How influential? Well, he launched the first fully-dedicated SF magazine, Amazing Stories, first coined the phrase ‘scientifiction‘, which later became the term we know and love; he appended ‘PhD’ to the end of a young Edwin Elmer Smith‘s by line to give us ‘Doc’ Smith, and the premier award of the science fiction field is named after him. Influential enough for ya?

His various SF magazines gave us ‘Doc’ Smith, Jack Williamson and Stanley Weinbaum, and it could be argued that he began the tradition – perhaps unique to the SF field – of the editor as curator and shaper of literature. Certainly, other fields have had their major editorial figures, but we’d argue that there is no lineage in any other area of fiction to match the likes of Gernsback, John W. Campbell, Donald Wollheim, Judith Merril, Michael Moorcock, Judy-Lynn del Rey, Damon Knight, Cele Goldsmith . . .



Influential enough for ya?

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Happy Birthday, Brian Aldiss!

18 August 2015

Two Hugo Awards, one Nebula Award, five BSFA Awards, a John W. Campbell Memorial Award.

The Science Fiction Hall of Fame living inductee.

SFWA Grand Master.

The IAFA Award for distinguished scholarship.

World Fantasy Special Award.

The Prix Utopia Award for lifetime achievement.

Fellow of the Royal Society of Literature.

Officer of the Order of the British Empire (OBE).

Author of the most widely-respected, critically acclaimed history of SF.

Writer of the short story behind Steven Spielberg‘s AI: Artificial Intelligence.


Not a bad CV, by anyone’s standards, but those are only selected highlights from the glittering career of the great Brian W. Aldiss, who turns ninety today.

Brian Aldiss’s extraordinary body of work, stretching back some sixty years, encompasses a wide range of writing, from the fantastic to the literary, via non-fiction and poetry. He was an important figure in SF’s New Wave and stands alongside fellow Britons  Michael Moorcock and J G Ballard as writers accepted and praised equally by the genre and literary worlds.

We are lucky enough to publish three of his books in the SF Masterworks series: Non-Stop, Greybeard and the epic Helliconia trilogy. We recommend them all.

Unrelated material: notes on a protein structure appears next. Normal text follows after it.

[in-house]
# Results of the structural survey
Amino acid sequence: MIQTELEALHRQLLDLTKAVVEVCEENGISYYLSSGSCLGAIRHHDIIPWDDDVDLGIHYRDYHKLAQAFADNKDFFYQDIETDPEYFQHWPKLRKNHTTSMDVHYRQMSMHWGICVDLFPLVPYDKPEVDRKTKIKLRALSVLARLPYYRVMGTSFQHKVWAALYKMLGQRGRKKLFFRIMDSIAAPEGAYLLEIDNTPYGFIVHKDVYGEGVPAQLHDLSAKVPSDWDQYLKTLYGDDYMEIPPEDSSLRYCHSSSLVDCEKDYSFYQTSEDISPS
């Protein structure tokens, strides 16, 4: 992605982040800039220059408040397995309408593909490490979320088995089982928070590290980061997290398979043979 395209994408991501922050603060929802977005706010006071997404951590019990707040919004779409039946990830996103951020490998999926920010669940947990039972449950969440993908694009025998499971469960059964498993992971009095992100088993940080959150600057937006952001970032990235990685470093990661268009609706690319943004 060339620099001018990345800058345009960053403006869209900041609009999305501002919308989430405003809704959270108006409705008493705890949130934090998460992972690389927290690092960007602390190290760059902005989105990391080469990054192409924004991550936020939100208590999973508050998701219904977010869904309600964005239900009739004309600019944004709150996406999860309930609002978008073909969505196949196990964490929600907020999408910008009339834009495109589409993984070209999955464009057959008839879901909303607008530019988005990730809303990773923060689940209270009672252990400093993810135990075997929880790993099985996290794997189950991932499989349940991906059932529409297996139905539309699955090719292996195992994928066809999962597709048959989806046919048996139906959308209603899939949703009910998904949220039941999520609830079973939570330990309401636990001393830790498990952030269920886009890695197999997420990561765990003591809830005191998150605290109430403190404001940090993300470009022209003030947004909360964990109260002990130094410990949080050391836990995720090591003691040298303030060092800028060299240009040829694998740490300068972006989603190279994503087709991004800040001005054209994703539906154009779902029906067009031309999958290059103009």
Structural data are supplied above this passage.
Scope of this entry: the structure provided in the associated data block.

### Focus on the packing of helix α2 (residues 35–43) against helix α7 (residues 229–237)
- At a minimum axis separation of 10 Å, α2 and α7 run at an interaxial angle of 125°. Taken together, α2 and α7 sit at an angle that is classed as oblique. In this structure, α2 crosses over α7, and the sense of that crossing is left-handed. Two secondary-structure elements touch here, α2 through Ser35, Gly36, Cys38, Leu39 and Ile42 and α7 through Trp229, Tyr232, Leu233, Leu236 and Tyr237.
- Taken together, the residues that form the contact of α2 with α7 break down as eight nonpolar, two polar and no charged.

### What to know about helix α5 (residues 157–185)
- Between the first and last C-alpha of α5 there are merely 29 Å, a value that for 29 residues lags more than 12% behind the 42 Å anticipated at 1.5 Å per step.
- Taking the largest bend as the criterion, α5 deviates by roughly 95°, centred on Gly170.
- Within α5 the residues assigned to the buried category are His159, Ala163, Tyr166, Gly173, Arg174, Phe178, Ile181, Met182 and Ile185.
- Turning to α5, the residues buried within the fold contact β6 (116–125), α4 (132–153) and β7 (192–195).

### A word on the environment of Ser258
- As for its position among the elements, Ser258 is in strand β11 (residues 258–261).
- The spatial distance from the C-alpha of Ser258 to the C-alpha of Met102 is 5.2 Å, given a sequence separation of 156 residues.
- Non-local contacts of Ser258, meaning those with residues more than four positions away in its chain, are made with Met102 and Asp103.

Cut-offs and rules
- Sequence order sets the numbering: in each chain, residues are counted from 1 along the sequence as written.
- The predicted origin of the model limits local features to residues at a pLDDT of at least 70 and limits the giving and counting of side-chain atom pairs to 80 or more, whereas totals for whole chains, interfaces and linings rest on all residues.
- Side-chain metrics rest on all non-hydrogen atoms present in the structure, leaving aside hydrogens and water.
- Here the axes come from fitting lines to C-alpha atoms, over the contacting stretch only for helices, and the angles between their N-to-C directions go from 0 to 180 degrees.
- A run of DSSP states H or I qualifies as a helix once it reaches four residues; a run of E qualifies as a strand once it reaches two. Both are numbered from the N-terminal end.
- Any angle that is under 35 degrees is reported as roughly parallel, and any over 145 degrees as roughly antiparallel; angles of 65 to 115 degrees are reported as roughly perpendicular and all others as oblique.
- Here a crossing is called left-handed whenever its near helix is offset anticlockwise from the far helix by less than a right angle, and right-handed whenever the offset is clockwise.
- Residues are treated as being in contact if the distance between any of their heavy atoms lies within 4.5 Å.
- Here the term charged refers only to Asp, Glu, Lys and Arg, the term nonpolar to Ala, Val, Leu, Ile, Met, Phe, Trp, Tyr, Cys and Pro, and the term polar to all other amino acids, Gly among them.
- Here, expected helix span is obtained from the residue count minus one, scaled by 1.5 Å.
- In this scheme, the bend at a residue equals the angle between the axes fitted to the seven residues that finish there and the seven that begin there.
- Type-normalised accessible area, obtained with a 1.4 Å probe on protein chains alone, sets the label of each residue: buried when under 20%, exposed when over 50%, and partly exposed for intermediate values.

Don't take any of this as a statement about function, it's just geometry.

Happy ninetieth birthday, Brian!

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Happy Birthday, Rachel Pollack!

17 August 2015

Gateway wishes a very happy to 70th birthday to Rachel Pollack, born on this day in Brooklyn, New York.  She is well known as a science fiction writer, comic book writer and expert on divinatory tarot, and for her influence on the women’s spirituality movement and on women’s SF. Her novel Unquenchable Fire won the Arthur C. Clarke Award in 1989.

SF Masterworks paperback | Gateway eBook


You can find more of Rachel Pollack’s work via her Author page on the Gateway website and read about her in her entry in The Encyclopedia of Science Fiction.


Happy Birthday, Rachel!

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Masterworks Spotlight: Dark Benediction

14 August 2015

The second of this month’s Masterworks spotlights is Dark Benediction, an essential collection of short fiction from the Hugo Award-winning author of A Canticle For Leibowitz.


paperback | eBook


Walter M. Miller Jr is best remembered as the author of A Canticle For Leibowitz, universally recognized as one of the greatest novels of modern SF. But as well as writing that deeply felt and eloquent book, he produced many shorter works of fiction of stunning originality and power.

His profound interest in religion and his innate literary gifts combined perfectly in the production of such works as ‘The Darfstellar’, for which he won a Hugo in 1955, ‘Conditionally Human’, ‘I, Dreamer’ and ‘The Big Hunger’, all of which are included in this brilliant and essential collection – now with a new introduction by Hugo- and Arthur C. Clarke Award-winning author Pat Cadigan.